It’s impossible to get through February without thinking about hearts. Thanks to Valentine’s Day, we’re inundated with heart-shaped boxes of chocolates and frilly heart-shaped cards. But candy and card hearts aren’t the only things people should be concerned with this month. According to the CDC, heart disease is the leading cause of death for men, women, and people of most racial and ethnic groups in the United States. One person dies every 37 seconds in the United States from cardiovascular disease. About 647,000 Americans die from heart disease each year—that’s one in every four deaths.
February is American Heart Month, and it’s a good time to think about how to best care for our hearts. Heart disease can often be prevented when people make healthy choices and manage their health conditions. Here are things to remember to help home care clients with their heart health.
The most important thing to do, regardless of age, is to move. According to Dr. Bill Thomas, a well-known geriatrician who has been working in the field of aging since the 1990s, exercise is THE most important factor, and recent studies continue to confirm that. Even starting with very small efforts at moving more will show benefits.
Eat Heart Healthy
It is not that hard to eat right. Avoid fried foods. Use fresh vegetables. Avoid sugar. One of the best ways to treat our hearts positively is to eat right. Agencies who want to give clients a tasty treat while staying heart-conscious should try some heart-healthy recipes like the following:
- Orange Rosemary Roasted Chicken: Low in fat and sodium, this recipe from MayoClinic.com is easy to make and easy on the heart.
- Salmon with Olive Pesto: The American Heart Association’s website offers some great low-salt dishes, including this one with healthy, lean salmon.
- Cheesecake: For something sweet, try this low-calorie, nearly fat-free lemon cheesecake recipe. Pour the mixture into a heart-shaped pan before refrigerating for a festive cake to serve on Valentine’s Day.
Helping clients stick to healthy eating habits can be difficult, but it is a start to encouraging them to live heart-healthier lives. Research recipe sites like MyRecipes.com and Epicurious.com for dishes that are low in sodium and fat or adapt client’s favorite recipes with an eye on cutting down on butter, salt, and cholesterol. For some healthy substitutions, try the following:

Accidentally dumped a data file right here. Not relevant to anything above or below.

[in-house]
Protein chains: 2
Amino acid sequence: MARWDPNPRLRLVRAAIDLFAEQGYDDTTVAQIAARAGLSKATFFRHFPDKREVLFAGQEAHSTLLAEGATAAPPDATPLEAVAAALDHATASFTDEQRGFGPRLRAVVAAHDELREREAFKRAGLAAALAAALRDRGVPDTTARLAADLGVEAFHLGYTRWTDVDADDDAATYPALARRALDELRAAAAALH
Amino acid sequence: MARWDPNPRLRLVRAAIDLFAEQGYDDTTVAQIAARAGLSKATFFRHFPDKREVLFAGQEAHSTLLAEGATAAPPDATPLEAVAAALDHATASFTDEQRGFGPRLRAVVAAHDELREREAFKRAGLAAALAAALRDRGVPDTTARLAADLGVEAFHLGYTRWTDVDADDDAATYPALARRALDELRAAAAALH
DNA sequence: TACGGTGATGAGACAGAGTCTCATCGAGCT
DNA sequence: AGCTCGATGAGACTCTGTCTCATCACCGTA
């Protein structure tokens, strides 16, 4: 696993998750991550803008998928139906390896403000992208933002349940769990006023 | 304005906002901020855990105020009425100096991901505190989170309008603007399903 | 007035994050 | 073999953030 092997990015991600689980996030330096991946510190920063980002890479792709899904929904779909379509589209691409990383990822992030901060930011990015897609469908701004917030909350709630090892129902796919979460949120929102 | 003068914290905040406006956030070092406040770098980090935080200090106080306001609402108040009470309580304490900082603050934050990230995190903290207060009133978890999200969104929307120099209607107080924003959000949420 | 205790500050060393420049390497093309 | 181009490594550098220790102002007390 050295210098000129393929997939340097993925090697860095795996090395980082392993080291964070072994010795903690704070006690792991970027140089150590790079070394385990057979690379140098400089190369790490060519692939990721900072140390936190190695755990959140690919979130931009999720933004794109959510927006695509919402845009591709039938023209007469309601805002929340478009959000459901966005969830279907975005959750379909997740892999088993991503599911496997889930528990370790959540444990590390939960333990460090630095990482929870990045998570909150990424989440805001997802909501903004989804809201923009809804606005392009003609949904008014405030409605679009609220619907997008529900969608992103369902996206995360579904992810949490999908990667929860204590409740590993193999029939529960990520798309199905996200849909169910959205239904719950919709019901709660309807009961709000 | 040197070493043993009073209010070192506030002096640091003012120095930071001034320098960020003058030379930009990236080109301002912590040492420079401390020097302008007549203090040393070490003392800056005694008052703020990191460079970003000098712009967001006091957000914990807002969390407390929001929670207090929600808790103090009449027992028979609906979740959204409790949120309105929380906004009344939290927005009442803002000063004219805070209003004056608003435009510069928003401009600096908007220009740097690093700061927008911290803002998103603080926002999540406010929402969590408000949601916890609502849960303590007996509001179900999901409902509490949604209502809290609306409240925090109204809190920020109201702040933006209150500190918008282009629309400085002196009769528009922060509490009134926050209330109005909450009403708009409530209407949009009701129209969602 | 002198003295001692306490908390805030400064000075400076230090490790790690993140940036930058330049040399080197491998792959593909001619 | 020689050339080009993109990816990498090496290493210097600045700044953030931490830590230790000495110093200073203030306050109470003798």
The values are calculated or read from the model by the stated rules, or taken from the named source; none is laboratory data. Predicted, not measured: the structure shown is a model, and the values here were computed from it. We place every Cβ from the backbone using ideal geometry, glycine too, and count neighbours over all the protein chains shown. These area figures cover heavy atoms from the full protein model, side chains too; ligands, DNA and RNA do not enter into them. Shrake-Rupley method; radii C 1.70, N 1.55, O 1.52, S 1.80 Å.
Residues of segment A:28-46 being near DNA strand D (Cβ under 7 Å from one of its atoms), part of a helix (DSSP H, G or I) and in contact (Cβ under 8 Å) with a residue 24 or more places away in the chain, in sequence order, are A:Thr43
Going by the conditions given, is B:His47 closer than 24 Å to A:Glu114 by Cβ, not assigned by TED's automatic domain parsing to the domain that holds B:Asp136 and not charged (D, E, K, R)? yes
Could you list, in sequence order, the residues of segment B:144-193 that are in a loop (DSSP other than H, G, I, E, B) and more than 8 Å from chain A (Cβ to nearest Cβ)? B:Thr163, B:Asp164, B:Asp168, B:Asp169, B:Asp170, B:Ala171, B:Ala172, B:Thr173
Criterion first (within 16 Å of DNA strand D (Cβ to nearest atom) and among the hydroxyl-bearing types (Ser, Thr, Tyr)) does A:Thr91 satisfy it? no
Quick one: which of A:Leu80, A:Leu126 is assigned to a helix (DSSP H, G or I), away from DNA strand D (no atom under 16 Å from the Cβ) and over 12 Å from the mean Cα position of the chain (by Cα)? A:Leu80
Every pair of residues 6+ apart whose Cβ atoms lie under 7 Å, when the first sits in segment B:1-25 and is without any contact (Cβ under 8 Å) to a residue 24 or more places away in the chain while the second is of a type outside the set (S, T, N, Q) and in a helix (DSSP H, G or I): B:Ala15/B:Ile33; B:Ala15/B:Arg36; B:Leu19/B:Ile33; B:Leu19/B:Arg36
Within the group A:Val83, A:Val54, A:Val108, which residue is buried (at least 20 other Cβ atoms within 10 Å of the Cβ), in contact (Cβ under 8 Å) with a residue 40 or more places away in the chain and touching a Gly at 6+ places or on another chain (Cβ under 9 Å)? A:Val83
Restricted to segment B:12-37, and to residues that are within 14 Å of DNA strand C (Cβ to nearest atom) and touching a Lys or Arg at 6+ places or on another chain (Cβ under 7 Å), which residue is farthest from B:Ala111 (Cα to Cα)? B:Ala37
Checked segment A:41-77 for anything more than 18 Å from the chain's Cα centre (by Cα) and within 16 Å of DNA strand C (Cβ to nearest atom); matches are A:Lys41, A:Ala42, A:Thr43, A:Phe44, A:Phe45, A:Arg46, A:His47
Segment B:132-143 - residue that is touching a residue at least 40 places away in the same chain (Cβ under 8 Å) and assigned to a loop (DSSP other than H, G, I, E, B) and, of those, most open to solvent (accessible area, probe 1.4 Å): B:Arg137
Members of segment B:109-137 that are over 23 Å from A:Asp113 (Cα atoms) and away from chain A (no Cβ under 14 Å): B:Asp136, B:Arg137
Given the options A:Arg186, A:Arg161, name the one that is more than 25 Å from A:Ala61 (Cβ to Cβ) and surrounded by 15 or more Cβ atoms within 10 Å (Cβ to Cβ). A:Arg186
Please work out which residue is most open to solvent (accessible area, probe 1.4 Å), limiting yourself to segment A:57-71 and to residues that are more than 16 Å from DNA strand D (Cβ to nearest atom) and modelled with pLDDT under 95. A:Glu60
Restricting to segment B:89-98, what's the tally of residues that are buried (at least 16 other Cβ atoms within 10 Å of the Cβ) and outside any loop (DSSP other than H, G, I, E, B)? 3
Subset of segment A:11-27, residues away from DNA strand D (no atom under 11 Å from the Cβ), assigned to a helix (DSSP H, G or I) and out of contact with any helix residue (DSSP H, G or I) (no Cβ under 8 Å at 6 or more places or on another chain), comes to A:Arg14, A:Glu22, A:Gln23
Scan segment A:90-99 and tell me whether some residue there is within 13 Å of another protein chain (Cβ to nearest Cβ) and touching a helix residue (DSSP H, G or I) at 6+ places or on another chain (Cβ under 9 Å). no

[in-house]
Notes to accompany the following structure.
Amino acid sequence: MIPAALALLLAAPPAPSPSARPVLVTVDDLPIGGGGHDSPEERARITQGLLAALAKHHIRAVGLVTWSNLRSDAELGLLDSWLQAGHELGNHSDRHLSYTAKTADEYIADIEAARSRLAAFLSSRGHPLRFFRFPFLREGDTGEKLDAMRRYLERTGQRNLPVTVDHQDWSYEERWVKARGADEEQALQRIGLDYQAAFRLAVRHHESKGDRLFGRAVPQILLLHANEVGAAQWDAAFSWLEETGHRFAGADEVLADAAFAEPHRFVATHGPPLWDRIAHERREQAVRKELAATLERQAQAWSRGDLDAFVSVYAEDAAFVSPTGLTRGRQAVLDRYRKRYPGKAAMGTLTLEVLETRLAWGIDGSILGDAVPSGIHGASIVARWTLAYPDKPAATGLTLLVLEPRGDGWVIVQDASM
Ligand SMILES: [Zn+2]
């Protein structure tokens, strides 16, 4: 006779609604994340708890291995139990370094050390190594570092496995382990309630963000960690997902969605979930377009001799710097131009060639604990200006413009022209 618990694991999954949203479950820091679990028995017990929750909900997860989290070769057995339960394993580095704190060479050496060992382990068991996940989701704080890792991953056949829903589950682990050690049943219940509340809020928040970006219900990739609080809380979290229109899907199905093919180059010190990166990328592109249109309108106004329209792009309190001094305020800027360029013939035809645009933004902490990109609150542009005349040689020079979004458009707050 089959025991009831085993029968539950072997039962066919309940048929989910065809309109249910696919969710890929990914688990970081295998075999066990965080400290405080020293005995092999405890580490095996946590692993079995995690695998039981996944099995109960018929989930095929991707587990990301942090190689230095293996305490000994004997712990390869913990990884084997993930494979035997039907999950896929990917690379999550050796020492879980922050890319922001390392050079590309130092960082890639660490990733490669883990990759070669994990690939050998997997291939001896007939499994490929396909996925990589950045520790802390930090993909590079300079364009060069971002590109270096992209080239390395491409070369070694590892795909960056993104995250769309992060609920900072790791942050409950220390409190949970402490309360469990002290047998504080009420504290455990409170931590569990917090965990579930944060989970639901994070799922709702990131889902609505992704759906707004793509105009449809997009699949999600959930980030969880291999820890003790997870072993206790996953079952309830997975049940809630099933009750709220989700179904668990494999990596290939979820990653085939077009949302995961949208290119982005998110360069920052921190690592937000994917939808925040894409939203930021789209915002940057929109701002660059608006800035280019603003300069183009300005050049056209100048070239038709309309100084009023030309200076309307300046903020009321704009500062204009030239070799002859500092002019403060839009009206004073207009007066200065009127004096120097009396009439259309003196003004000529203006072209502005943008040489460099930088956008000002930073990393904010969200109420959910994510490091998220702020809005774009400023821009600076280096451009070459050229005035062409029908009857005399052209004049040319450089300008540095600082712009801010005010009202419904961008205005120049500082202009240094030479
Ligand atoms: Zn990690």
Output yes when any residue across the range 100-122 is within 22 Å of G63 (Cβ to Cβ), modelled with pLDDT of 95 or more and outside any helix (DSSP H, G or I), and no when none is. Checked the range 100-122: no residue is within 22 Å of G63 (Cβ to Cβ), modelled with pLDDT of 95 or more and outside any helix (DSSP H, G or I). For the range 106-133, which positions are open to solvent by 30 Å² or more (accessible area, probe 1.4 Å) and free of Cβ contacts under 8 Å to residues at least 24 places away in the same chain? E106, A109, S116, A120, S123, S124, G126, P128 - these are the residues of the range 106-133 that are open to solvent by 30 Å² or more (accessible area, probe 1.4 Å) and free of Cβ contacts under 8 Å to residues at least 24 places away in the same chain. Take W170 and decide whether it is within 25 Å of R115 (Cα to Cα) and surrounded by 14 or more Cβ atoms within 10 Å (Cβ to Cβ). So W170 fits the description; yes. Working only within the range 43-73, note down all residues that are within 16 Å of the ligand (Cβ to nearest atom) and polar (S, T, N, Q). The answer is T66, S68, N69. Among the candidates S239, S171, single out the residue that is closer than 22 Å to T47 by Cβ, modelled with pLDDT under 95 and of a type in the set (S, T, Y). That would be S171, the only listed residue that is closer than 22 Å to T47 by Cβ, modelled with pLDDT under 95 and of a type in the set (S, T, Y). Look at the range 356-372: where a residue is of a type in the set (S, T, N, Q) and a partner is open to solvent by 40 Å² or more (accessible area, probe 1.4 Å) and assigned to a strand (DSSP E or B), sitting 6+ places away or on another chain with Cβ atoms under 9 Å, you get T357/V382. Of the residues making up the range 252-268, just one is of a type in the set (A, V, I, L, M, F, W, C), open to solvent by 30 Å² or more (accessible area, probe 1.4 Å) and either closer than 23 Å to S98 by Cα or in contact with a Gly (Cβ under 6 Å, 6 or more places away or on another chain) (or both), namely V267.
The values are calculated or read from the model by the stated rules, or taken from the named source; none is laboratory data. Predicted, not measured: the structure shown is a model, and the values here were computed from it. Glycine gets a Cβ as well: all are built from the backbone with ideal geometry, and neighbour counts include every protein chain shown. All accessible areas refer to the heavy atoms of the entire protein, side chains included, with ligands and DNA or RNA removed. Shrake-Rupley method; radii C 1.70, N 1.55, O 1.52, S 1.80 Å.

- When your recipe calls for butter, margarine, or oil, use baby prunes instead. (Best used in brownies or dark bread)
- Instead of sour cream, try low-fat yogurt & cottage cheese. (Puree for best consistency)
- Use lean ground turkey as opposed to ground beef.
- Evaporated milk cuts down on fat and calories while giving you the same taste and consistency of heavy cream.
- Elect for fresh herbs, not seasoned salt.
- Use egg substitutes instead of whole eggs to cut back on cholesterol.
Encourage clients to make heart-healthy eating changes and eat food low in trans-fat, saturated fat, added sugar and sodium. Try to fill at least half the plate with vegetables and fruits and aim for low sodium options. For a free substitutions chart to keep in the client’s kitchens, download American Heart Association’s suggestions here.
Exercise helps reduce stress, as well as listening to soothing music, focusing on something calm or peaceful, and meditating. Life is just too short to stress about things we cannot control. Learning to manage stress will help on many levels, but it is key to keeping heart-healthy.
February is the perfect time to learn about risks for heart disease and the first steps to take to improve heart health. By raising awareness about heart disease and ways to prevent it, communities, organizations, and health professionals can work together to create opportunities for people to make healthier choices.
Axxess HomeCare is a home care software that keeps clients and caregivers connected. Through our Family Portal, families can view schedules and medication lists to ensure the best quality of care for loved ones. Have some recipes or cooking tricks you use to make sure your clients are eating for a healthy heart? Have resources to help manage stress? Have any exercise tips that work for those who are aging or infirm? Please share them with us on our Facebook page. And enjoy this Valentine’s Day, knowing that you are adding some sweetness and love by helping those who receive care at home have a healthier and happier time. Happy (heart-healthy) Valentine’s Day!